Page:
Being a Foreigner in Korea: Pros and Cons

Being a (half-white American, non-fluent-in-Korean) foreigner in Korea  has its pros and cons. Here are some observations from the past 6 months:


– Getting stared at. When I walk down the street, I can’t tell if people are looking at me because they think I look cool in my sunglasses or because they notice my non-Korean-looking face. I suspect it’s usually the latter.

– Not being able to read labels. Took a cold shower my first day here because I didn’t know how to turn on the hot water heater, and I still have no idea what most of the settings on my washing machine mean. (But let’s be honest, I’d probably have about as much trouble with that in the US.)

–  Taxi drivers sometimes taking advantage of you by taking a longer route than necessary.

– Difficulty in communicating with maintenance people. I could have sworn that the woman who came to check the gas in my apartment the other day said, “There is a problem,” but she left without saying much else. The sticker she put near the gas valve says “safe”-something so it’s probably fine, right?


– Having the ability to make people smile just by whipping out a few Korean phrases and bowing. (This is especially true of older people, like the vendors at the market.) The other day, an older Korean man on the subway started in surprise when he turned and realized that the girl next to him who had just answered his mumbled question “Where are we?” was a foreigner. I had literally said two words: the name of the stop and “yes,” but he was completely taken aback and asked, “How did you say that so well?” with a grin on his face.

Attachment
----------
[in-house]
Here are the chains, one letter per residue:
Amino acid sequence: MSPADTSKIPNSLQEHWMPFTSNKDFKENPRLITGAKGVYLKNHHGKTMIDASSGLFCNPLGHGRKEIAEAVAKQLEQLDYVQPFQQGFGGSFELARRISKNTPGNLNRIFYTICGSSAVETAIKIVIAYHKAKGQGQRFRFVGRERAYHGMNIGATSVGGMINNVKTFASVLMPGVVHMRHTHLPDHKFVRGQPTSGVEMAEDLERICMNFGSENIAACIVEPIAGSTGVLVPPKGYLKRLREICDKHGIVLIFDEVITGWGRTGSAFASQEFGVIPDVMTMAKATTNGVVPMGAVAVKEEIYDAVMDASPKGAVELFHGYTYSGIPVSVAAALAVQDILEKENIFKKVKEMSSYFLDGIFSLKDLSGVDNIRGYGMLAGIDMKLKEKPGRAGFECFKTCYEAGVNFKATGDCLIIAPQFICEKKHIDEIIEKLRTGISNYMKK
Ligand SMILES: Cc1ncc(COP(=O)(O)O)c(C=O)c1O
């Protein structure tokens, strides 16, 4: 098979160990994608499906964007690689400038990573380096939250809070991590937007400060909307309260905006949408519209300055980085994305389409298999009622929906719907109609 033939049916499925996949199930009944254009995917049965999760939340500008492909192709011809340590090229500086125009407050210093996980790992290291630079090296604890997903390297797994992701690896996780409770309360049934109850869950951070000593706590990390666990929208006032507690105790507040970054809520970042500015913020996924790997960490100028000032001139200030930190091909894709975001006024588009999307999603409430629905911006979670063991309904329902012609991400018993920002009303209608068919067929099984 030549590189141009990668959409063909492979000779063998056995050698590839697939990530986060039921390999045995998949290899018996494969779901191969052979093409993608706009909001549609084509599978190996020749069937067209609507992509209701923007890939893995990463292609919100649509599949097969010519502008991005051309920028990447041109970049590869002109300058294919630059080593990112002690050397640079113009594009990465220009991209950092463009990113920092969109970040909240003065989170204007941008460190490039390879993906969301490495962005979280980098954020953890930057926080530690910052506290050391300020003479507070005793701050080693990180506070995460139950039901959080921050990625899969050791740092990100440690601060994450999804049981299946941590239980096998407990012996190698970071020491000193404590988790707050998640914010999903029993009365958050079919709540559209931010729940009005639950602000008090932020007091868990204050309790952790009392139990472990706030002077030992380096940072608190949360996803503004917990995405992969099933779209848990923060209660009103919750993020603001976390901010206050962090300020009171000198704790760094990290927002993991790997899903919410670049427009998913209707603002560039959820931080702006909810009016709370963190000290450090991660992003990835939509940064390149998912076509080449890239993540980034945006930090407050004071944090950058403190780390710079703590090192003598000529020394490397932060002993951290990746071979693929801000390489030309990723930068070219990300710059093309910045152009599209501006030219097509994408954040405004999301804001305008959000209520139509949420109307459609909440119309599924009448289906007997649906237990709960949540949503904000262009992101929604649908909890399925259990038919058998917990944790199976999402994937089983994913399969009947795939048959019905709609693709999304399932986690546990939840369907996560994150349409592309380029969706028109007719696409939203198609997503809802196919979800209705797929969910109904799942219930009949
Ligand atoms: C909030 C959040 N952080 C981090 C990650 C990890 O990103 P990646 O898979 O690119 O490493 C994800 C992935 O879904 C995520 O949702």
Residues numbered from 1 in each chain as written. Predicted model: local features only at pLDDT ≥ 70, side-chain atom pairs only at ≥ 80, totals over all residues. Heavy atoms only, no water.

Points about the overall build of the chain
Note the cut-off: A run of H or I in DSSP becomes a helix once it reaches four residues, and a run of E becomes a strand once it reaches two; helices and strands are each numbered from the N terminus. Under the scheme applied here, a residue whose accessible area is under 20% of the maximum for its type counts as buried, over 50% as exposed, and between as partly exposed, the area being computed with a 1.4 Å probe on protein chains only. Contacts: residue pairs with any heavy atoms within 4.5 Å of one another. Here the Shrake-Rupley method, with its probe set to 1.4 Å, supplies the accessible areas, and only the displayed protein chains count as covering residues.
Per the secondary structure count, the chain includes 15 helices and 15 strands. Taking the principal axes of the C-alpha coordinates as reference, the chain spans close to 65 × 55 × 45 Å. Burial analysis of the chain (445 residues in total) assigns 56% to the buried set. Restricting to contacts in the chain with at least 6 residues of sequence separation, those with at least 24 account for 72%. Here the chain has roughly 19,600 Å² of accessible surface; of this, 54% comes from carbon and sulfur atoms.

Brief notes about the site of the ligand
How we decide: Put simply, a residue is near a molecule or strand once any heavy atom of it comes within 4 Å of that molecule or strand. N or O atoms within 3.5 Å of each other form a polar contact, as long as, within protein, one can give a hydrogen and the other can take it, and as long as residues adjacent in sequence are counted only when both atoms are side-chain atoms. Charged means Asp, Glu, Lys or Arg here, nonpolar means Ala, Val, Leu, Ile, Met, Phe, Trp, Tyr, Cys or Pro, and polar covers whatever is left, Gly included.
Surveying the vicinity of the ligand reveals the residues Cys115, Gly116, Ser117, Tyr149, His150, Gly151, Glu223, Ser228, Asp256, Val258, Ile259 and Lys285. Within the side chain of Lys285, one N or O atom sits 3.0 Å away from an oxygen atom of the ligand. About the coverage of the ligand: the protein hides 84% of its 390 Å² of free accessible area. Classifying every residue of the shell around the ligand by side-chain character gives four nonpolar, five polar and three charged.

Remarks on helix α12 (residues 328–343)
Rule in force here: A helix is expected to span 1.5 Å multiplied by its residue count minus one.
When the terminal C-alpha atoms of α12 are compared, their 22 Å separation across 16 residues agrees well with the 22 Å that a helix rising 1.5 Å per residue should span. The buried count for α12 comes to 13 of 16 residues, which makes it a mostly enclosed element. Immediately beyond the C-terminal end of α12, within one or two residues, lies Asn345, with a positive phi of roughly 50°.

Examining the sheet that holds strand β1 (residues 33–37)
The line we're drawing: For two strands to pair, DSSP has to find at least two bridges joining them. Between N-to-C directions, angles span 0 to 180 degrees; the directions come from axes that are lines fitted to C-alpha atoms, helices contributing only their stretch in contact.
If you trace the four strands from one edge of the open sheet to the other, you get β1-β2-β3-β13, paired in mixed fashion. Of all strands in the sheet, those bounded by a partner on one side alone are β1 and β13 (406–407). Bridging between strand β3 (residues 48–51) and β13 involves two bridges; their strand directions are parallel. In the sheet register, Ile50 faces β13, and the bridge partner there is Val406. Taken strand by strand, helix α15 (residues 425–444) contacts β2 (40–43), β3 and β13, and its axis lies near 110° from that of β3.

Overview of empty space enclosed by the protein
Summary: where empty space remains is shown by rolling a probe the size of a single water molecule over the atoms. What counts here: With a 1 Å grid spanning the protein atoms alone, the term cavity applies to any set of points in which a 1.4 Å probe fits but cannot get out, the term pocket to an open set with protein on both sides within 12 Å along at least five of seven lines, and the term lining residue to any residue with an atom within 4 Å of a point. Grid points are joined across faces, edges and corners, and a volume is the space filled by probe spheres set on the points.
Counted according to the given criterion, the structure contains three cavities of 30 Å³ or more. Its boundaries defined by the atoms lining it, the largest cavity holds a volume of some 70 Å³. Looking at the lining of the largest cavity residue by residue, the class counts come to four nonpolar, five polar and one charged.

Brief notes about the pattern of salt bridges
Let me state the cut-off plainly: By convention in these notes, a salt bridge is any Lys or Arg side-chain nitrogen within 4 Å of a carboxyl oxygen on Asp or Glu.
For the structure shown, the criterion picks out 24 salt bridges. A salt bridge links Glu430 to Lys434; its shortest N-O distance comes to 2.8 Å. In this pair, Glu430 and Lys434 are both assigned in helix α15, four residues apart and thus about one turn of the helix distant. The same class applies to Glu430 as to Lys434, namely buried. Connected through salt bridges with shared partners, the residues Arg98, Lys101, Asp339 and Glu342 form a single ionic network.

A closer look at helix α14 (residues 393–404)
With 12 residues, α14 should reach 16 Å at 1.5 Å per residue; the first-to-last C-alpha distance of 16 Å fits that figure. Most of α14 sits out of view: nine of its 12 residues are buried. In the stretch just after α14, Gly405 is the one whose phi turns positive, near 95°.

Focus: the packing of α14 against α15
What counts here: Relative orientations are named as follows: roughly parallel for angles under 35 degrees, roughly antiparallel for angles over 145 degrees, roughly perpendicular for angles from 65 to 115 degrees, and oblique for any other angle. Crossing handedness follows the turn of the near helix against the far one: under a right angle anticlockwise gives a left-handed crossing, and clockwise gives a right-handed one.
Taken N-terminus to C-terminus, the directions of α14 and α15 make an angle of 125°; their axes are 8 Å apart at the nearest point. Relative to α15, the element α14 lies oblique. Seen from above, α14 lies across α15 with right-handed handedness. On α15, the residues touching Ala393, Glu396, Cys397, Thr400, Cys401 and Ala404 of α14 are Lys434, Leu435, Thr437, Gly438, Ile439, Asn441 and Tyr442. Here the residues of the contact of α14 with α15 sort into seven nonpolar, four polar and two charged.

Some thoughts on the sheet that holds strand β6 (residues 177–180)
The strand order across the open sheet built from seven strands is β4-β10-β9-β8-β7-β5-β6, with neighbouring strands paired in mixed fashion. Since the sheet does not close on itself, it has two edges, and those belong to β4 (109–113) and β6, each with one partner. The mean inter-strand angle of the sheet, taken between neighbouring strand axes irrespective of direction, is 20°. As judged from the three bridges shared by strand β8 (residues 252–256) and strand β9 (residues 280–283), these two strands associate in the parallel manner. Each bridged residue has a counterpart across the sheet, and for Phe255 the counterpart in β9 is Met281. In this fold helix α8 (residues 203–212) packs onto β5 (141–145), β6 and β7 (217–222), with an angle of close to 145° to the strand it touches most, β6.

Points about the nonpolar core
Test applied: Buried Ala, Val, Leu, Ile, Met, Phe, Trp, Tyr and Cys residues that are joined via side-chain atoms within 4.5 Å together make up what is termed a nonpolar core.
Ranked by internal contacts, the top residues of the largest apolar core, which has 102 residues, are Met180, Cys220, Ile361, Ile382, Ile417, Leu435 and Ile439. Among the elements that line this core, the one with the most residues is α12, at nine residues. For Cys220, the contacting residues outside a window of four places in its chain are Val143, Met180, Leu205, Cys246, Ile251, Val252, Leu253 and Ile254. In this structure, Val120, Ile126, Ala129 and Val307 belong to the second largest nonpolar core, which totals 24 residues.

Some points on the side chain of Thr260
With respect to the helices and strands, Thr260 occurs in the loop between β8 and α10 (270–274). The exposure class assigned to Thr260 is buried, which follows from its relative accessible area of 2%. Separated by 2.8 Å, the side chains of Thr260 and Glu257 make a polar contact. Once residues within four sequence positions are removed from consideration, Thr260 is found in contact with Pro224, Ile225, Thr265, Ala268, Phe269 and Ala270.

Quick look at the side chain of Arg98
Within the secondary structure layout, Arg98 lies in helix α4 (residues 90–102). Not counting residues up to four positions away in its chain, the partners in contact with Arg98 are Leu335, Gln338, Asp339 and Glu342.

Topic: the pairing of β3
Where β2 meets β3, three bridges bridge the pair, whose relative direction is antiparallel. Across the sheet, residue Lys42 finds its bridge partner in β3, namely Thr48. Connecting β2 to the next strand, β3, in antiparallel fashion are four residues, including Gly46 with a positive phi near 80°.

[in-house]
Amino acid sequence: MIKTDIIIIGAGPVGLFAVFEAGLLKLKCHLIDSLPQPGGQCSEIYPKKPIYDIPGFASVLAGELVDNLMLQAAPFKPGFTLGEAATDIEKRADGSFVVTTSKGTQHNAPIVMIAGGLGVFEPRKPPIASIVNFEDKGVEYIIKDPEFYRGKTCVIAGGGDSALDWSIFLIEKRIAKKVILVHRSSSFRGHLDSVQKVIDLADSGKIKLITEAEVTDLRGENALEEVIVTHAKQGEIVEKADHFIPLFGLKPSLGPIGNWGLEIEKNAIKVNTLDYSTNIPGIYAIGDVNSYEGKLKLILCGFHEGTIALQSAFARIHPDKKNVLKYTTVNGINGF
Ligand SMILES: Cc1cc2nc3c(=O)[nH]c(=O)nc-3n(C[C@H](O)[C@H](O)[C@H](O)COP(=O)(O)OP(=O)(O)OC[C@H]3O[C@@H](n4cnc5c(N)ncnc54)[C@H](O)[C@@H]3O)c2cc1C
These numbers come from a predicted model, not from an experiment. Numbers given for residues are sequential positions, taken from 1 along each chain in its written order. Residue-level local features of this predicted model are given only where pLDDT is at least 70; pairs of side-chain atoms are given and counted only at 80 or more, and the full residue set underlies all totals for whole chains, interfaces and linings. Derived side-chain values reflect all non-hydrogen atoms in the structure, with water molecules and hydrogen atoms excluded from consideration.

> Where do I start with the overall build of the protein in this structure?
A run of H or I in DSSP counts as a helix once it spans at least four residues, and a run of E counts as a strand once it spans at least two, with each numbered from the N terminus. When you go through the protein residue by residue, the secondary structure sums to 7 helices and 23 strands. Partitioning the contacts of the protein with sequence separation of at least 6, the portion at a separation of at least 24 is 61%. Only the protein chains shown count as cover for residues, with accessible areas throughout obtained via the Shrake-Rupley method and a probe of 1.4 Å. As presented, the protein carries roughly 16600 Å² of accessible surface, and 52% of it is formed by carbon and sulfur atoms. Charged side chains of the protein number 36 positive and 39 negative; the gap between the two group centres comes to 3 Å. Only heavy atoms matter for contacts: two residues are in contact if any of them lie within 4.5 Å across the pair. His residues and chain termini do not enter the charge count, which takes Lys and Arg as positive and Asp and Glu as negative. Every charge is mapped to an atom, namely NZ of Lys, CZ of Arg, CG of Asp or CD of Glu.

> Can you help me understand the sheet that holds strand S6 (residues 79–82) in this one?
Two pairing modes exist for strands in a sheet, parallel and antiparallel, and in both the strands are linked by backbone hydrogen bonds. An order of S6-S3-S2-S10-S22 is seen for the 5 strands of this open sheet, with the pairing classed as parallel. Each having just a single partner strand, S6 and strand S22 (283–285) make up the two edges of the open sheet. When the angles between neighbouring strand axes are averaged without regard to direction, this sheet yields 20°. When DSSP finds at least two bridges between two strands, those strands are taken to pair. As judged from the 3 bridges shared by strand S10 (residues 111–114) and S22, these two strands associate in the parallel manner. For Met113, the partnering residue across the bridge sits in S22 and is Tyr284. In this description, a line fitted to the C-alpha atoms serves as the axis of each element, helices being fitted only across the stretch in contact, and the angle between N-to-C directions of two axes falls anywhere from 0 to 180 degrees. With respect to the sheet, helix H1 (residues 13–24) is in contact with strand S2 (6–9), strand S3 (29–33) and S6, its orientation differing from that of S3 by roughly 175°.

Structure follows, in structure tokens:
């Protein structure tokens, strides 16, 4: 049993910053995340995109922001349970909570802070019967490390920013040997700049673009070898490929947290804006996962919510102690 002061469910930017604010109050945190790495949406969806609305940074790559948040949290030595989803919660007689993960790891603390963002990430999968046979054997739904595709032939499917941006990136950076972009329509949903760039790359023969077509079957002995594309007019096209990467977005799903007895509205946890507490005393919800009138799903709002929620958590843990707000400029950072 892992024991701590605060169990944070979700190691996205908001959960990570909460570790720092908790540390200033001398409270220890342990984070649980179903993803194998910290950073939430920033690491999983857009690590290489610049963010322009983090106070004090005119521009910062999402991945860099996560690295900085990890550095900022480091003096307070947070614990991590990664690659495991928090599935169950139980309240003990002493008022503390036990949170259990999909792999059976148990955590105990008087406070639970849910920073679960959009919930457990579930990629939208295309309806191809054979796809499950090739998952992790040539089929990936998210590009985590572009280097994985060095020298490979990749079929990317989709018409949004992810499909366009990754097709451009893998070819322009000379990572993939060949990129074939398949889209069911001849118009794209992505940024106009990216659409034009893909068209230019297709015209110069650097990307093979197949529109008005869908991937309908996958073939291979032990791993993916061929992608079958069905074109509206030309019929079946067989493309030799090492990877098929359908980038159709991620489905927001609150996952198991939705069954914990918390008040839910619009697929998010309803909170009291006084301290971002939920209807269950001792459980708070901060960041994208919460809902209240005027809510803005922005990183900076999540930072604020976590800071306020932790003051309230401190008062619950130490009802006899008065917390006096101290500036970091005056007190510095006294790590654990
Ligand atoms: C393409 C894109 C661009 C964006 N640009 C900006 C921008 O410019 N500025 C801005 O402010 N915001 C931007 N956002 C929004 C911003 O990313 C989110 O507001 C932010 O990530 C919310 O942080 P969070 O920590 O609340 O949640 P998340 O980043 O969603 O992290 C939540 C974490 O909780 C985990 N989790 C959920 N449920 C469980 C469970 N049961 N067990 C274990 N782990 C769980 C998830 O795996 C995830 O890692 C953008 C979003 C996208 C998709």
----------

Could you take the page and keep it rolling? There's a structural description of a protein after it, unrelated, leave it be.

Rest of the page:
– Cars stopping for you more often when you cross the street (some would say).

– Being shown a lot of grace and understanding about your ignorance of Korean manners and being told your Korean is “very good” when it really isn’t great. (People who look Korean are held to a much different standard.)

– People automatically thinking you are interesting because you are a foreigner. And doubly so when they find out your mother is Korean.

– People occasionally going out of their way to help you when you look clueless.

Overall: Easier Than Expected

I have managed to find skim milk, my favorite Neutrogena hand cream, plain oatmeal, and even the Ricola drops I crave when I have a sore throat. And access American TV. All things I expected to go without!

But now that I’ve decided to live here long-term, I’m really hoping a few more things (namely, Baked Lays, whole grain bread, and froyo) catch on over here soon!!



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After living in South Korea for over 7 years, Elizabeth is back in the States finding a new normal. Currently in seminary, she is enjoying unpacking questions of faith in a new context. Amidst the tension of brokenness and conviction, she continues to find grace. And above all else, she continues to pursue the God who inspires childlike wonder.

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